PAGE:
An underappreciated story of the Progressive Movement and its progeny (The Fair Deal, The New Deal, The Great Society, The New New Deal, and so on) is its emphasis on collaboration over competition. FDR put it this way:
Competition has been shown to be useful up to a certain point and no further, but cooperation, which is the thing we must strive for today, begins where competition leaves off.
This has it exactly backwards. It is cooperation that is useful to a certain point, and then we must rely on competition.
Cooperation arises from trust. Robert Axelrod, in his 1984 book The Evolution of Cooperation, used game theory to describe the way in which cooperative behavior arises from competitive game structures:
For cooperation to emerge, the interaction must extend over an indefinite (or at least an unknown) number of moves…For cooperation to prove stable, the future must have a sufficiently large shadow. This means that the importance of the next encounter between the same two individuals must be great enough to make defection an unprofitable strategy…In order for cooperation to get started in the first place, one more condition is required. The problem is that in a world of unconditional defection, a single individual who offers cooperation cannot prosper unless some others are around who will reciprocate. On the other hand, cooperation can emerge from small clusters of discriminating individuals as long as these individuals have even a small proportion of their interactions with each other.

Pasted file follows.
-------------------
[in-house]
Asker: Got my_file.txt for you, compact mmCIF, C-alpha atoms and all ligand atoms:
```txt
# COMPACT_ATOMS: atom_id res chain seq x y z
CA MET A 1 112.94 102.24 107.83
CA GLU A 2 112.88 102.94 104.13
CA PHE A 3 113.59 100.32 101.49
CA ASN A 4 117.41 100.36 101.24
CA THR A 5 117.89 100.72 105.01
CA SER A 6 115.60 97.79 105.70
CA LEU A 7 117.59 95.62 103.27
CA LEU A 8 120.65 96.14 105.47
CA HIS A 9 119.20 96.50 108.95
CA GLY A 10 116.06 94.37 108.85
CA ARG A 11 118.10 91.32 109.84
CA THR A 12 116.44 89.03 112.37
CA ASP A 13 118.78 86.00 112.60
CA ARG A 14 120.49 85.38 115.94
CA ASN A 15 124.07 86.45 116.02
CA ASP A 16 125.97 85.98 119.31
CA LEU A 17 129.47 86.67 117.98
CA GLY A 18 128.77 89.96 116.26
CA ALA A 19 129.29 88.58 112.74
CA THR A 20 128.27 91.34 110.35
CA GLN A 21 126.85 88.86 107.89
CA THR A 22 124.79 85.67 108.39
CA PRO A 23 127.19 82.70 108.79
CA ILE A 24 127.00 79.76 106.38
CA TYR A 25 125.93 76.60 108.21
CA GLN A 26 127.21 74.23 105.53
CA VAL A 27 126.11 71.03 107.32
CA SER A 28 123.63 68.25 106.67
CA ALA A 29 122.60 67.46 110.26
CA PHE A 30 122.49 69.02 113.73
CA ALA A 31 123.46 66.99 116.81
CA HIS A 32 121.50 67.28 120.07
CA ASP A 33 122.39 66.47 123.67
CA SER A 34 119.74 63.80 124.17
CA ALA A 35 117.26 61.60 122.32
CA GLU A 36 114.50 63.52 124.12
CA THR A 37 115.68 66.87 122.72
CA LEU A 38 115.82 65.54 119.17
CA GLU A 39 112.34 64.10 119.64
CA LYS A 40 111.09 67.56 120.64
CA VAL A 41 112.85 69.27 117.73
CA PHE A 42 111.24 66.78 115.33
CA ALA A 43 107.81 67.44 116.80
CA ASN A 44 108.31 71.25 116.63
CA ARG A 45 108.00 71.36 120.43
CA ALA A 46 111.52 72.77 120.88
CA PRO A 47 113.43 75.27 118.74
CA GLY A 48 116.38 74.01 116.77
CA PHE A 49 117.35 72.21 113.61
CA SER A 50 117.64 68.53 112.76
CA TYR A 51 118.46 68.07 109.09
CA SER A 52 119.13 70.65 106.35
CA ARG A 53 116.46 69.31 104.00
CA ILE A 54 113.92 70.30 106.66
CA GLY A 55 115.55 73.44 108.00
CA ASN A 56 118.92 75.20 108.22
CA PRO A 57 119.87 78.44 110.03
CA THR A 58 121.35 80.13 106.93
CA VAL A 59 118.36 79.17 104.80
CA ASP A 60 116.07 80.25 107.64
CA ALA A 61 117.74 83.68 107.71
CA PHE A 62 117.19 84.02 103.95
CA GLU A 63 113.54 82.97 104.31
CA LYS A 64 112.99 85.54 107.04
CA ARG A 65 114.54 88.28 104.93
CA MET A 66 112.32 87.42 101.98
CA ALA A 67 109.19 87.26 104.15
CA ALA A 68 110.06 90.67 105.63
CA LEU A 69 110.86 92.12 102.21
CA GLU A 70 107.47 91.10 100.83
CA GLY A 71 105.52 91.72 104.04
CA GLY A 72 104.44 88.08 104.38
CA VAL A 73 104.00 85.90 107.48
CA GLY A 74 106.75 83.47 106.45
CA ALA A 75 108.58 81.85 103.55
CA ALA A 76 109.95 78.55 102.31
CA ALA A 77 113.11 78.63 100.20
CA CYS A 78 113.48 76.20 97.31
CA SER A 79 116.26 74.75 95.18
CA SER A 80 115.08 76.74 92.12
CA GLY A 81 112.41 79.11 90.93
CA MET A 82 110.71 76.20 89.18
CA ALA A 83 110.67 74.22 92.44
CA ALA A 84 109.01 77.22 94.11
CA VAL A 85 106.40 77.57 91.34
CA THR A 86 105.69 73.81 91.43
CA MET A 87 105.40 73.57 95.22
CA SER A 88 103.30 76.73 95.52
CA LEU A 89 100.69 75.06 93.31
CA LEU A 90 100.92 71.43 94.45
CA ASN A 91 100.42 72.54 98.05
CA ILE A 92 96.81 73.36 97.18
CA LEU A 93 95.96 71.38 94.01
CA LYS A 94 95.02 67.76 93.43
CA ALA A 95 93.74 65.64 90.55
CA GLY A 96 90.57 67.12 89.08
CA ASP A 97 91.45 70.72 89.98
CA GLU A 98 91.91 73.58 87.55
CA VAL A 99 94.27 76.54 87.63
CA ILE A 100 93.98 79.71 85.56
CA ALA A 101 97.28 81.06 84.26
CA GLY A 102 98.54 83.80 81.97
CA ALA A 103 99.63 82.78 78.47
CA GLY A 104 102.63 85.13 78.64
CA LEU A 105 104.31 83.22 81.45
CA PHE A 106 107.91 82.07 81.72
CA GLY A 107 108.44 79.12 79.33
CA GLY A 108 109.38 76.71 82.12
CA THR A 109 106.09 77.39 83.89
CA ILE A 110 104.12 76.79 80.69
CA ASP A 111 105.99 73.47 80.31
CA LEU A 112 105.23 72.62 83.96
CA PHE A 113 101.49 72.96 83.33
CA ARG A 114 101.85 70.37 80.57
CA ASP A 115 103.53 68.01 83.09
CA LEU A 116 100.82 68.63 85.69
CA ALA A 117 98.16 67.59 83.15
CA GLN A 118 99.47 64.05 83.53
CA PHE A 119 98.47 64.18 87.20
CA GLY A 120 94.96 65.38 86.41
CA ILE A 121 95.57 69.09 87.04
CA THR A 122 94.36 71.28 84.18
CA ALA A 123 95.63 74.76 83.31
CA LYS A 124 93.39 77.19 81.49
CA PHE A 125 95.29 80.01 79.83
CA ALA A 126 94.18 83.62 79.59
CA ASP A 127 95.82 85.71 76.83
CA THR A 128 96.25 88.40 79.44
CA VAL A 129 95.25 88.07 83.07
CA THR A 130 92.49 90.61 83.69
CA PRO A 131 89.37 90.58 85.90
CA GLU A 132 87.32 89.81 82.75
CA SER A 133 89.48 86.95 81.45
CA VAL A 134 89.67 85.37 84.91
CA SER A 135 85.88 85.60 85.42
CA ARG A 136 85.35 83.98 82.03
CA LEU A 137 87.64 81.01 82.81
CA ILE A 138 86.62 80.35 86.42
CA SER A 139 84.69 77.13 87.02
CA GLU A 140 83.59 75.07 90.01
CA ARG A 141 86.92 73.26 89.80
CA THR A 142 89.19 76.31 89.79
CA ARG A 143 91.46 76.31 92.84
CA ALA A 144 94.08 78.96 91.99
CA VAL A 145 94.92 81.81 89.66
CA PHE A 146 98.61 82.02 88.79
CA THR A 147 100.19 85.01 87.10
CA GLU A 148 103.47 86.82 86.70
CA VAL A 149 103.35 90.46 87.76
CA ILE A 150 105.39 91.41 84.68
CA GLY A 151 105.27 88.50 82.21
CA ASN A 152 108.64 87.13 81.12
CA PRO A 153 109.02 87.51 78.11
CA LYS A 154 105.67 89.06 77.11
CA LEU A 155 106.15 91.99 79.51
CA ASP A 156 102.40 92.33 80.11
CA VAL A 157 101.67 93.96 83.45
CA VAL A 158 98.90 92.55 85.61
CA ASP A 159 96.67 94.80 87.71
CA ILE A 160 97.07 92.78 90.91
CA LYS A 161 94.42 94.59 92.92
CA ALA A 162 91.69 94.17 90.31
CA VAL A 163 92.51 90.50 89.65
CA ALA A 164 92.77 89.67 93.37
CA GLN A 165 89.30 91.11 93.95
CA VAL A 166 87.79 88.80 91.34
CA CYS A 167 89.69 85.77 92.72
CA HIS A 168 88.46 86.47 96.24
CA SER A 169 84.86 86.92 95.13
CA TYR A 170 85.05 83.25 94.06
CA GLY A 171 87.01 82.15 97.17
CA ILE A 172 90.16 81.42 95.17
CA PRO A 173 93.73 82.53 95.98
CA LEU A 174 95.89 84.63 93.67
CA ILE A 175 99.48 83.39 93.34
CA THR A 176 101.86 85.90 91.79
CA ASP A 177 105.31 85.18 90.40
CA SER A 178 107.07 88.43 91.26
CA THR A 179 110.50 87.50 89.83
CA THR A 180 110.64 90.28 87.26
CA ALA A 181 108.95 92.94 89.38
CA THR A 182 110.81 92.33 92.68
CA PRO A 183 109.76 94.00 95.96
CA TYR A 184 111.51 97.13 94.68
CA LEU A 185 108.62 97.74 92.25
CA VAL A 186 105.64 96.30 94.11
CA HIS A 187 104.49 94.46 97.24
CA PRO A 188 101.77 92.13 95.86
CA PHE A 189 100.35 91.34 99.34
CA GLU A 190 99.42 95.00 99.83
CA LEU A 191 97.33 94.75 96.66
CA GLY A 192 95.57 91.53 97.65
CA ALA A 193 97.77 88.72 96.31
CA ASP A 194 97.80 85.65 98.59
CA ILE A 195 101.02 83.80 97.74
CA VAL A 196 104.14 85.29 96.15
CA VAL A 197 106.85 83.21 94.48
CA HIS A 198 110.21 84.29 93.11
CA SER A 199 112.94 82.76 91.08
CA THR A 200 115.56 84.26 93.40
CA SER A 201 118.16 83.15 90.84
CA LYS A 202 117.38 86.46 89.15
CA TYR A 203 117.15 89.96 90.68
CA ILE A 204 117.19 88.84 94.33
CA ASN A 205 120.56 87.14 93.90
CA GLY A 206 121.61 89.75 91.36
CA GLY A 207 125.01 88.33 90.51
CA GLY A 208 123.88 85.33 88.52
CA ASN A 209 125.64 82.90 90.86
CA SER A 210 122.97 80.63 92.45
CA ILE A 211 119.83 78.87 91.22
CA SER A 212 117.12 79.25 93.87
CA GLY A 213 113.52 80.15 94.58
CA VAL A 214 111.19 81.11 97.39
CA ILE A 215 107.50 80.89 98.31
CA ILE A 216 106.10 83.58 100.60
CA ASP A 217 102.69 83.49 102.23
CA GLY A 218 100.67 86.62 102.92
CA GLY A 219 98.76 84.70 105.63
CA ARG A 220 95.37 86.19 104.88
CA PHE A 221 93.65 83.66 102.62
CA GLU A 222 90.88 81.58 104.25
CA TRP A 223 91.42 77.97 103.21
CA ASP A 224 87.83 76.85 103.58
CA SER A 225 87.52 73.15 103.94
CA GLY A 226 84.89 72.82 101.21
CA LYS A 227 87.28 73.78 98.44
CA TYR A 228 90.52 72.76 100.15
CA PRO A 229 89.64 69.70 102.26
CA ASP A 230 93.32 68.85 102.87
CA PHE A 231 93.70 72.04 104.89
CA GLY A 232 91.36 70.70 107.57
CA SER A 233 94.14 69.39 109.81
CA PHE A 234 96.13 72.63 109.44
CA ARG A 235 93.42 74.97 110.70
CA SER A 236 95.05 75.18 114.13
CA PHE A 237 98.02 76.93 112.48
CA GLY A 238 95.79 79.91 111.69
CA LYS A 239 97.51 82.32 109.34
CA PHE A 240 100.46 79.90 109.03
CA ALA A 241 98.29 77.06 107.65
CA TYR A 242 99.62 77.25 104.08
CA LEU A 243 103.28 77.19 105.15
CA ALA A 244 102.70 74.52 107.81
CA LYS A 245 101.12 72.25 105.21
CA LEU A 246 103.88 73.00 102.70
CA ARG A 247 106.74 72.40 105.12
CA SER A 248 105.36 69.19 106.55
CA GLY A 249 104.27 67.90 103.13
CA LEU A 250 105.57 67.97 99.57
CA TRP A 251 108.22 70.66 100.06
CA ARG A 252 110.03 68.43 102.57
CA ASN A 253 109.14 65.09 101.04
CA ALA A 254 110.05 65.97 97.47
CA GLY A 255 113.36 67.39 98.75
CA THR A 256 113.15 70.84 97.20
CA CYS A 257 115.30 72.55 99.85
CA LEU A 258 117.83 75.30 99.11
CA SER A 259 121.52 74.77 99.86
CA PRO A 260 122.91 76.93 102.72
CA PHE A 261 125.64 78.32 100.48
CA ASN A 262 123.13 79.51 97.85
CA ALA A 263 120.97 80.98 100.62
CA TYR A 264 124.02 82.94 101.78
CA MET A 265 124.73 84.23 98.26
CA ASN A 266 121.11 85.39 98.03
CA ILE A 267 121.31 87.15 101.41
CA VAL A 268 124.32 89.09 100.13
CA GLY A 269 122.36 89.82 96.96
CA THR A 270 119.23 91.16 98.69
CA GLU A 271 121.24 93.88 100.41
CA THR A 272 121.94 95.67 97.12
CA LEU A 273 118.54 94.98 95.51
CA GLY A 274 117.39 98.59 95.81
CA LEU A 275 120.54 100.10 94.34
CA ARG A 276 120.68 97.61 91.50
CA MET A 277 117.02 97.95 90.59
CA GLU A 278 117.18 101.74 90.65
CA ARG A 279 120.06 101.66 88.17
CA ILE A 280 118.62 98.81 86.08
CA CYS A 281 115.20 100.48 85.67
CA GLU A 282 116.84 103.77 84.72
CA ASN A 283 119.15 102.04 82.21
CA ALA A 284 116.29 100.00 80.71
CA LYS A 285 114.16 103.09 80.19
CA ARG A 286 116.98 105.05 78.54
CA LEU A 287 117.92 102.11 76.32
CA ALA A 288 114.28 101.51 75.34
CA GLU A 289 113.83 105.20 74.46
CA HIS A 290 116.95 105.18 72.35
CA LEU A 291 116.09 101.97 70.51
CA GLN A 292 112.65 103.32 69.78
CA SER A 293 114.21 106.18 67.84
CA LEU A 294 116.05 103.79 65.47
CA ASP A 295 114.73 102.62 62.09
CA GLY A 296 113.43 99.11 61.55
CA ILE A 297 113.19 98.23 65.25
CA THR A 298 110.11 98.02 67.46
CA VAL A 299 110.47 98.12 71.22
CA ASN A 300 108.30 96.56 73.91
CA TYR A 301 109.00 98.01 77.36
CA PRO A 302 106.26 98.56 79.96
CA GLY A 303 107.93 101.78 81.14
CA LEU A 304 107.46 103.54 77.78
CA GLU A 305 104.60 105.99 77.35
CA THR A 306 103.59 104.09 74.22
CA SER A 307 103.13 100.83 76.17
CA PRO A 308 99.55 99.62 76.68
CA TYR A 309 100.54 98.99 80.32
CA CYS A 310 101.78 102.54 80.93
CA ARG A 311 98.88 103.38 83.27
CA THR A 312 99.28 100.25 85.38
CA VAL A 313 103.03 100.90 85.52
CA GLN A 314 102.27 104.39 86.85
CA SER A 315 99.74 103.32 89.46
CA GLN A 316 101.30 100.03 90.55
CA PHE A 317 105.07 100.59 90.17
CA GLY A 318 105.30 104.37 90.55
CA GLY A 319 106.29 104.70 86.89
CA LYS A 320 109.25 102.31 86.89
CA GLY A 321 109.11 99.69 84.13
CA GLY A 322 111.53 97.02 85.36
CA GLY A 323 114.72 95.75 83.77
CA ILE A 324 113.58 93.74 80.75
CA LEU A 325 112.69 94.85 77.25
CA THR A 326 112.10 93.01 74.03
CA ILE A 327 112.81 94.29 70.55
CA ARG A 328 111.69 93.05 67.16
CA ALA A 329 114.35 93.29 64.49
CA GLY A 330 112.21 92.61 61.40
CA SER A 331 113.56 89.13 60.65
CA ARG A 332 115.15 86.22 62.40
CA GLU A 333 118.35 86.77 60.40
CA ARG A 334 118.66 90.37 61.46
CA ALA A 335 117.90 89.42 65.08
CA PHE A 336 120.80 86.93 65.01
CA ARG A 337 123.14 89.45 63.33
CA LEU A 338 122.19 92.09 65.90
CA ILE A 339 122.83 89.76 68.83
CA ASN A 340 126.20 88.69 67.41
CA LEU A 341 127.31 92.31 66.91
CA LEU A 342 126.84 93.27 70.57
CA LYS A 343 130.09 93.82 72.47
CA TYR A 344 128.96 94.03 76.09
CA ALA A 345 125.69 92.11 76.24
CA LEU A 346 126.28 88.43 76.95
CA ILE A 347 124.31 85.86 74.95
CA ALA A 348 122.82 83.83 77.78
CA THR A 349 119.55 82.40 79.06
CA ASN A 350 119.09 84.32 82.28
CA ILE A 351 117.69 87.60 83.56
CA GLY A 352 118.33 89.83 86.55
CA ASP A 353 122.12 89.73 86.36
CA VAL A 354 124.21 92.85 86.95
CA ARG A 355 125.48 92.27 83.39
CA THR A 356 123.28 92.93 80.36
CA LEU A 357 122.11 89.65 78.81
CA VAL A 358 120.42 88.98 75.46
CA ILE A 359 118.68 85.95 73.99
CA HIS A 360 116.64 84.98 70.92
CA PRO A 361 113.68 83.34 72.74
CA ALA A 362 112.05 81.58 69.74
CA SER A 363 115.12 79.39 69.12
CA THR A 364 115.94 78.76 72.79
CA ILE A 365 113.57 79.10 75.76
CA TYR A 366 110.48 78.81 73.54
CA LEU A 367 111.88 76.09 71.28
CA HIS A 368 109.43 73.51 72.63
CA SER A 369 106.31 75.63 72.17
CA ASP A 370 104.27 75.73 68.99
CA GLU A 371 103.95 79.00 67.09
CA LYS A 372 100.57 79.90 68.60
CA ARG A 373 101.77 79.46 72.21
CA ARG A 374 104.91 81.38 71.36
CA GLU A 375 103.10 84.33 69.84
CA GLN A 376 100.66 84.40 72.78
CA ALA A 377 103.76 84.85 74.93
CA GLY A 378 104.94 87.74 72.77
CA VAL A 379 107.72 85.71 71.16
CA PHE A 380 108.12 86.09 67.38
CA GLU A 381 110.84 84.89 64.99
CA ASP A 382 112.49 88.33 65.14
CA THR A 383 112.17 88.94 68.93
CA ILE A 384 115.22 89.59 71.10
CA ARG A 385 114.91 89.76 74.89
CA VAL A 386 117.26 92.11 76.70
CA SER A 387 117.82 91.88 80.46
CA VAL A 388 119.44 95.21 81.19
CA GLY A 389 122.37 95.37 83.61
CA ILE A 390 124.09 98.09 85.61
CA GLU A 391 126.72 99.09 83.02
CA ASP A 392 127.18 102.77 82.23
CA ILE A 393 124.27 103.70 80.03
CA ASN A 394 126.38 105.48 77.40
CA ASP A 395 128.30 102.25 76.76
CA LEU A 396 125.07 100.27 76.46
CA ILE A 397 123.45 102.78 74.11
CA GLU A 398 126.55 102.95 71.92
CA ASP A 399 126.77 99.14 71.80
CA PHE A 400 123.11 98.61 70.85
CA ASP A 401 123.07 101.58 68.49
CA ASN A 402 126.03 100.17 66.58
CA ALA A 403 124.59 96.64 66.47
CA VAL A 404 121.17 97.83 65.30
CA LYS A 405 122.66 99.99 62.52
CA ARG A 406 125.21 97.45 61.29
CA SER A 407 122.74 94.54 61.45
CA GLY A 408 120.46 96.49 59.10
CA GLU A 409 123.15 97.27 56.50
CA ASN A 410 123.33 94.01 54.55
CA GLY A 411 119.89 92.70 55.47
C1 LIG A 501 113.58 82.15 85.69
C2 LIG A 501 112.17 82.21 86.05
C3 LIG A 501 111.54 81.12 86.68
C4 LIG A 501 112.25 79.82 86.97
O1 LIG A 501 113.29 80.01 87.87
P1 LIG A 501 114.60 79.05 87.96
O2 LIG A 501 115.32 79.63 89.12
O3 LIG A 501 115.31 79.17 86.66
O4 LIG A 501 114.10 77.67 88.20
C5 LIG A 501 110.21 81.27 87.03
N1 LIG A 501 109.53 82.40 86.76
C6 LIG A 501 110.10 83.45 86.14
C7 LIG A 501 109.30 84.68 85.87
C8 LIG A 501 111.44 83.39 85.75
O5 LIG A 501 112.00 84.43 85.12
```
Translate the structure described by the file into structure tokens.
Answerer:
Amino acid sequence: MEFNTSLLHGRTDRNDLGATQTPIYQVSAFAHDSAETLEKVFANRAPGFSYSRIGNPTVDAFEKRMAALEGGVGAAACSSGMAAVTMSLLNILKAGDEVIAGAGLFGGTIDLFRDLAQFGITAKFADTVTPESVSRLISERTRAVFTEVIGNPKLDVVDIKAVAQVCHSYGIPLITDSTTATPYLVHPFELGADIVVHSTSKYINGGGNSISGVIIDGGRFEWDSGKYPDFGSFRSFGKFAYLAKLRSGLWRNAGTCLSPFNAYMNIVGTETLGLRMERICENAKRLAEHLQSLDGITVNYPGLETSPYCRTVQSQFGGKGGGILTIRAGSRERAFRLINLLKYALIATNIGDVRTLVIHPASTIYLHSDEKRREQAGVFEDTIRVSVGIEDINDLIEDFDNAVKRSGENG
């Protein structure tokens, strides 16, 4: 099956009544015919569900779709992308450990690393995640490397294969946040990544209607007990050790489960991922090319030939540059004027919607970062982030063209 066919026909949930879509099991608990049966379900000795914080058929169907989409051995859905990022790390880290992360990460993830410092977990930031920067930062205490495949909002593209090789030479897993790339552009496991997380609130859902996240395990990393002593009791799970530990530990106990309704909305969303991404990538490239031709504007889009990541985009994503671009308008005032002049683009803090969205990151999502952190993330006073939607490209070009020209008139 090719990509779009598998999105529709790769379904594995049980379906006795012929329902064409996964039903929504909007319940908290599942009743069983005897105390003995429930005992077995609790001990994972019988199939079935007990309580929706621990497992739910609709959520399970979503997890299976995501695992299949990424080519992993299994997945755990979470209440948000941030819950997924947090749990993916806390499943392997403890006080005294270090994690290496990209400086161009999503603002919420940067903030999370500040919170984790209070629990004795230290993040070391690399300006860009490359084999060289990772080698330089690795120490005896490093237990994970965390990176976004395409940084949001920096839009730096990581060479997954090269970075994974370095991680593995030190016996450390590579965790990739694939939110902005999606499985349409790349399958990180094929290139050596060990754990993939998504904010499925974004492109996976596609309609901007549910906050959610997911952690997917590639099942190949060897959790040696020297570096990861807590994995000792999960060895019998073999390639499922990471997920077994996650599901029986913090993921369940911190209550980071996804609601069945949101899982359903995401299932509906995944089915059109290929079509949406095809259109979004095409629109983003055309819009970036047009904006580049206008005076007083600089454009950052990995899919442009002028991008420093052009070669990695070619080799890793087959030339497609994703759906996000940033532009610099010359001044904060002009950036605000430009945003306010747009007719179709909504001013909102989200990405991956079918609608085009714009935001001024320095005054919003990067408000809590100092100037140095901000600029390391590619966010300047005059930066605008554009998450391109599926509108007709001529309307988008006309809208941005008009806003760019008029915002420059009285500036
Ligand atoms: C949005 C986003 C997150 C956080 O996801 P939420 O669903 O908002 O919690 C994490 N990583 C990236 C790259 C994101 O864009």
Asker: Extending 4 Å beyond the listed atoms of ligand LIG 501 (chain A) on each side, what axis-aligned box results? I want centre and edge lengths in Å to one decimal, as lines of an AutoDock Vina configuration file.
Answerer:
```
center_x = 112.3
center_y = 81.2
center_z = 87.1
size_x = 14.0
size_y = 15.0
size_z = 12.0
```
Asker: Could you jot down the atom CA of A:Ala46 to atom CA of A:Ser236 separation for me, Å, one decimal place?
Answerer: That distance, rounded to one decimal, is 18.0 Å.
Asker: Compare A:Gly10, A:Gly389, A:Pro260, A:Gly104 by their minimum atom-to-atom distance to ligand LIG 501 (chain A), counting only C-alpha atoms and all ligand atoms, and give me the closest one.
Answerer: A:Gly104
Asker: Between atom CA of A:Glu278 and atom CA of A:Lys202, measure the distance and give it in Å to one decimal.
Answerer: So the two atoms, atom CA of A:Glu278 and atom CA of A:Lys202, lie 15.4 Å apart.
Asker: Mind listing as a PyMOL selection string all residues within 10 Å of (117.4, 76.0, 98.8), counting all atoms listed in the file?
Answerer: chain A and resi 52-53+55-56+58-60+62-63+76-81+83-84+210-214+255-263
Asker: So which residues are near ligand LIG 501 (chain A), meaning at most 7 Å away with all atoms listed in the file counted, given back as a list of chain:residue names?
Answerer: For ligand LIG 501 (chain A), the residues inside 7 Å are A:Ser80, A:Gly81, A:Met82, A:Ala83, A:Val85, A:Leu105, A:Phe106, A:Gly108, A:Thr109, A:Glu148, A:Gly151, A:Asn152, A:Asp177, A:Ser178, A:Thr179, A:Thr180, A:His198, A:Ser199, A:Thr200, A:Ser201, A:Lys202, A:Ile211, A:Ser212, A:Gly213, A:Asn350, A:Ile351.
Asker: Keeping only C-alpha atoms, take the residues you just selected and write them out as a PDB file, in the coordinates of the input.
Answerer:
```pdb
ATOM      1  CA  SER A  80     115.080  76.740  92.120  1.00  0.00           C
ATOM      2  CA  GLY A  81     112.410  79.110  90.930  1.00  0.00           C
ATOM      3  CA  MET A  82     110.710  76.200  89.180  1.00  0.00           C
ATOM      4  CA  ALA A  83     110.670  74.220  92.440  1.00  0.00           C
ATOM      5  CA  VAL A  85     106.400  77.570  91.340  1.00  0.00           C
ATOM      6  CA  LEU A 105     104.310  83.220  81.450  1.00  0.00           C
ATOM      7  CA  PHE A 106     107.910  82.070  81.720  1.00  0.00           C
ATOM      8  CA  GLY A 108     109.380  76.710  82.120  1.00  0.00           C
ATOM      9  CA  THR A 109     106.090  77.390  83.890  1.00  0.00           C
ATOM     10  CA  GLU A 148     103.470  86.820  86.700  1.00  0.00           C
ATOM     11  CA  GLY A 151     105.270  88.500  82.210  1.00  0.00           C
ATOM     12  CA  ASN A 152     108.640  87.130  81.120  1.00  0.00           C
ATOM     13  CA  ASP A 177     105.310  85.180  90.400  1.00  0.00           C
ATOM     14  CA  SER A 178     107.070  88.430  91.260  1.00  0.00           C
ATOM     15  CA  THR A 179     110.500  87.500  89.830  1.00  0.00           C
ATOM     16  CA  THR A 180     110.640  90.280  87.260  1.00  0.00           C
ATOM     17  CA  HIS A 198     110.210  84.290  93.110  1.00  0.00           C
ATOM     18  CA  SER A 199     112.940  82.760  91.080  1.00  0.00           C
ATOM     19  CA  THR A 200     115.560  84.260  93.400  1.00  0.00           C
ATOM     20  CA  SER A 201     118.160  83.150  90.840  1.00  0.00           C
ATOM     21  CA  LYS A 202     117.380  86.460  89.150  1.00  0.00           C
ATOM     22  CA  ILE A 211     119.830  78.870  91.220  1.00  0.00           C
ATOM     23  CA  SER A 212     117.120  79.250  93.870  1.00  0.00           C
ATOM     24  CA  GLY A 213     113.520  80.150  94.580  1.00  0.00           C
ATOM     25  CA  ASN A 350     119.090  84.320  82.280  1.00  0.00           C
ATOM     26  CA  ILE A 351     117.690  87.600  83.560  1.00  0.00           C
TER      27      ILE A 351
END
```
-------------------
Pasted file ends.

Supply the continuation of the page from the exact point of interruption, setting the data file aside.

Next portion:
“Indefinite number of moves,” “shadow of the future,” “small cluster of discriminating individuals” – these are characteristics that break down as the size of a human grouping grows. With your neighbors, you’re likely to interact with them repeatedly in the future, the future interactions are likely to be important, and there aren’t that many of them. But as the scale grows, these conditions erode, and with them the possibility of cooperation.
That’s when competition kicks in. The fact is that human beings compete in groups; there is a significant advantage to be gained by having multiple skill sets and personalities united in a common effort. (Engineers and salespeople are famously different, but rely heavily upon one another for their livelihood.) There is cooperation within these groups, but competition between them.Smith's "Invisible Hand" is required precisely when actual hands start to become invisible due to the size of the group.